For many schools across the United States, cheating has become a dirty word. From online plagiarism of Wikipedia to old-school peeping on another person’s paper, the matter takes on multiple forms and can occur in the richest – as well as poorest – learning communities. Rather recently, the crackdown on academic dishonesty has gained a lot of force with schools implementing strict honor codes and punishments.
Cheating is a natural evil that will keep on reinventing itself no matter the amount of administrative oversight. Still, the question remains – why do kids cheat?
As a teacher, one must condemn the action of cheating and leave the issue at that. As a student, however, I decided to delve into the thoughts of my peers and get their thoughts on the cheating question.
The first school of thought stands at the side of the student. Every year that passes, the standards of education seem to rise, and the enrolling classes of colleges become that much more competitive. Failing in the academic realm of today can mean not realizing the perfect domestic American dream. I mean, who wouldn’t want a white picket fence, a sky-blue minivan and a neighbor that talks just a bit too much?
In most cases, this scenario comes into play when a normally high-achieving student realizes that he or she can no longer put up with the rigor of his or her usual schedule. Not comfortable with the prospect of failure, the student resorts to rather inventive methods on resolving the knowledge gap.
When asked why he thought kids cheated, Eric Lifka, a senior at Marmion, replied that “a lot of schools are demanding more from students, and many can’t keep up with the workload.”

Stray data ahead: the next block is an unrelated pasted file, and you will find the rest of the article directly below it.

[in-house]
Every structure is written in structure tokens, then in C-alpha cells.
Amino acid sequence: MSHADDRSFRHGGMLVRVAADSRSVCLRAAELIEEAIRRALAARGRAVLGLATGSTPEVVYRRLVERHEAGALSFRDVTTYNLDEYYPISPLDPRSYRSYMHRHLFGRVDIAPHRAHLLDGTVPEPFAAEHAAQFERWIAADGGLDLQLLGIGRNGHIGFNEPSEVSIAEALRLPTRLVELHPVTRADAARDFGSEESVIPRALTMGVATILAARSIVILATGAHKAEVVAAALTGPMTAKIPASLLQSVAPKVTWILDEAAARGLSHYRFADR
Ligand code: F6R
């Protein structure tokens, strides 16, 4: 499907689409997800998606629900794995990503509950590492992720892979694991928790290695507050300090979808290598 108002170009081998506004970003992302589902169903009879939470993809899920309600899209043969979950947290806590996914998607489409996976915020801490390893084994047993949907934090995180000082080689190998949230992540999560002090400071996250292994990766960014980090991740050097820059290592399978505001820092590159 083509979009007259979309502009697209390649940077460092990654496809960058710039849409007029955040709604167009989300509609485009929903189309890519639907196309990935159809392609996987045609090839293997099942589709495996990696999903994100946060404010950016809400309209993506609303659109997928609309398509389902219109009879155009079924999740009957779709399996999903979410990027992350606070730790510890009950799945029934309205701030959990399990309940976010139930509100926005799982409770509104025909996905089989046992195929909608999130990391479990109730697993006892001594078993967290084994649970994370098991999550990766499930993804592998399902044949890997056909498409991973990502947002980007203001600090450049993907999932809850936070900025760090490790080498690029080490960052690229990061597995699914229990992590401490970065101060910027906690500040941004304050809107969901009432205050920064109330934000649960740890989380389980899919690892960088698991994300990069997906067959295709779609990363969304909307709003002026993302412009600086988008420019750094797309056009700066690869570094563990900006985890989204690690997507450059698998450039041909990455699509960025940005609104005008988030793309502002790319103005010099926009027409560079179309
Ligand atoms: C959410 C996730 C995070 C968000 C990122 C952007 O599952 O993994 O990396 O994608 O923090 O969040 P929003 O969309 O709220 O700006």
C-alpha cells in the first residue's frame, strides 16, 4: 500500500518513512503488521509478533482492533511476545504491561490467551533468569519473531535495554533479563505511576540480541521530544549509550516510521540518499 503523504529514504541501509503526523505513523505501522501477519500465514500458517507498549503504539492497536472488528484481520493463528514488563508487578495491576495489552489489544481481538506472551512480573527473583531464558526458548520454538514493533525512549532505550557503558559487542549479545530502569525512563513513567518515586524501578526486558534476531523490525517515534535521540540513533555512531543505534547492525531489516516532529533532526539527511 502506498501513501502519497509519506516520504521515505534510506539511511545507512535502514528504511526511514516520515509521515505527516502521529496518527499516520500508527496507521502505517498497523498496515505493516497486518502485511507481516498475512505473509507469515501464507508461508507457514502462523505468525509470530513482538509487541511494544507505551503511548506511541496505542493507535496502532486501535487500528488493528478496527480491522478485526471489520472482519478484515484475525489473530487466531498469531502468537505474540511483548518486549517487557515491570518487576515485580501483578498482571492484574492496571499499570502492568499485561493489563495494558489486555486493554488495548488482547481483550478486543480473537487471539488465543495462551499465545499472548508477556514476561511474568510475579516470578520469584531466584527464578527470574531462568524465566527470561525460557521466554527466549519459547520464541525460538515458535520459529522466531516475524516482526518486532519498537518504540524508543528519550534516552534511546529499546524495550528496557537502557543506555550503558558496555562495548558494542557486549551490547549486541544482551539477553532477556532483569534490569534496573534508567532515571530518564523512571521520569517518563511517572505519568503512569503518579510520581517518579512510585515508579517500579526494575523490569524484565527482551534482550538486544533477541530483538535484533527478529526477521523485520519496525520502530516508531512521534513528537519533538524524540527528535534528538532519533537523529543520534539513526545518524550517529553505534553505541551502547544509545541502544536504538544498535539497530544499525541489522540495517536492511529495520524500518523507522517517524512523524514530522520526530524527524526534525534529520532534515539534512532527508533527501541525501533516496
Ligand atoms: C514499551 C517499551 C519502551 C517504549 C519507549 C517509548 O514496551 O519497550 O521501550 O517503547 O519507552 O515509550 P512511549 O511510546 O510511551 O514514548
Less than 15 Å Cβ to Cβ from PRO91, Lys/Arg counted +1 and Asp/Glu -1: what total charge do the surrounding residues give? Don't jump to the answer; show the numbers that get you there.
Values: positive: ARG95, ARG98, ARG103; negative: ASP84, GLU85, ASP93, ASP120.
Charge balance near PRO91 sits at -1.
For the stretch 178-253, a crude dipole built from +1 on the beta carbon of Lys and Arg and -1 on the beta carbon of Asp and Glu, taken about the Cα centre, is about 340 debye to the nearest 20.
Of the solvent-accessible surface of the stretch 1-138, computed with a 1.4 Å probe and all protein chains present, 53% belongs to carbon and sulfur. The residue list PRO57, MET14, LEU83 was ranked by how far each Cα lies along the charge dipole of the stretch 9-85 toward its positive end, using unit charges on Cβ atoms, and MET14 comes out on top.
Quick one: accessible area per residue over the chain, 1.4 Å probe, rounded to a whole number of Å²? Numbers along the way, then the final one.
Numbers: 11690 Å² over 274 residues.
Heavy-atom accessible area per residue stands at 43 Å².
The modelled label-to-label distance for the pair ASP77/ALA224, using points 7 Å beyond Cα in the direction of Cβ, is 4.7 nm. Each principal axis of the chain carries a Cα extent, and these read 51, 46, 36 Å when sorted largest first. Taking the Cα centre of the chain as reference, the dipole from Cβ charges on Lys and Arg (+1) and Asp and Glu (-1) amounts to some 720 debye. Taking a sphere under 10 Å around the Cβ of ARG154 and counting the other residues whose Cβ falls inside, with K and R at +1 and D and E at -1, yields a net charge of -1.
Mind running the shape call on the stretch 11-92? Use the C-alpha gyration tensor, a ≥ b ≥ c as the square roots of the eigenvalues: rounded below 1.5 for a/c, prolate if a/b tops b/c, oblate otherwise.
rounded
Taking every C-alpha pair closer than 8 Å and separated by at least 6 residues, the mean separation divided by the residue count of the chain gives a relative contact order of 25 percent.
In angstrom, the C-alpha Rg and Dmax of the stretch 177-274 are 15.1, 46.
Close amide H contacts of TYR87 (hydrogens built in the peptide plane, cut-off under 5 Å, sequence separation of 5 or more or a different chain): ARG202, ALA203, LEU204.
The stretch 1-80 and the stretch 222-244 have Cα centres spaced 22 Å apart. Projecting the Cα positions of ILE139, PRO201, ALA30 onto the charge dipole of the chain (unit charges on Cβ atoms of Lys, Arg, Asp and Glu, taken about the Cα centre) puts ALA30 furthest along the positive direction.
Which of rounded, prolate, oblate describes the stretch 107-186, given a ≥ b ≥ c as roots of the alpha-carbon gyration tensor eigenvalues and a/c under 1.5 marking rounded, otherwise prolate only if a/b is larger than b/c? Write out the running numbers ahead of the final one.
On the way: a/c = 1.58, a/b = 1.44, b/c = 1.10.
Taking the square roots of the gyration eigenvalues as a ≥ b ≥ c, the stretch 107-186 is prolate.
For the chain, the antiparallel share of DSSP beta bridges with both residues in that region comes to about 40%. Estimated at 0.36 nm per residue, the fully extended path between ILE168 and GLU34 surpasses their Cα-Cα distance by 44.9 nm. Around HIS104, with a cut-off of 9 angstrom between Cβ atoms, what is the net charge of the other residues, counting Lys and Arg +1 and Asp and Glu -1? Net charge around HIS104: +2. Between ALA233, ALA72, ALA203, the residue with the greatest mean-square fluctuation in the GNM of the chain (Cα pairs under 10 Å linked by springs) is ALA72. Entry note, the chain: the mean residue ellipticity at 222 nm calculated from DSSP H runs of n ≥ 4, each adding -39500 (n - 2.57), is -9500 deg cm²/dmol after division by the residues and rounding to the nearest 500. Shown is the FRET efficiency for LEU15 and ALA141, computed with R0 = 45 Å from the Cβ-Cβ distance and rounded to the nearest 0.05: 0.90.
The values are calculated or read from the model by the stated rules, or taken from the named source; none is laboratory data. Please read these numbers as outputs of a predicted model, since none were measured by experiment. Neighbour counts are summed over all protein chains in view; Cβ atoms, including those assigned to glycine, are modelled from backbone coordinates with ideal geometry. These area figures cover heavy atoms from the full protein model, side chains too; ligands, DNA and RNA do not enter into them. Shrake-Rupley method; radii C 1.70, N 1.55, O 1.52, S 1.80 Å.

On the other side, the ideology of laziness prevails. Now, I don’t consider myself an expert in laziness, but my parents most likely believe that I could teach a sloth a thing or two. Many have met the likes of an evildoer called Mr. Procrastination, and no one knows how to waste time better than he does.
Here’s an example – say little Jimmy just got assigned a four-page research paper on the importance of the common ground squirrel in the ecosystem. Jimmy’s brain will file that under the overflowing “Blah” file, and return to focusing on the current pressing issue – navigating a tiny bird through green pipes of death.
Fast-forward two weeks to a day before the paper is due, and Jimmy’s brain has sounded the alarm.
Not only do the words of Wikipedia seem enticing, they appear to be his last resort.
Another senior at Marmion, Matt Walz, answered the same question of cheating in a different manner: “For the most part, they’re lazy. They don’t want to put in the effort.”
In the battle against the cheating virus, I doubt the world will find a cure. Whether the sickness originates from the school system or from the student is up in the air.
• Kurt Zepeda is a St. Charles resident and a senior at Marmion Academy in Aurora. He enjoys running, writing and the occasional confection. His column runs every other Thursday in the Kane County Chronicle. Contact him at firstname.lastname@example.org.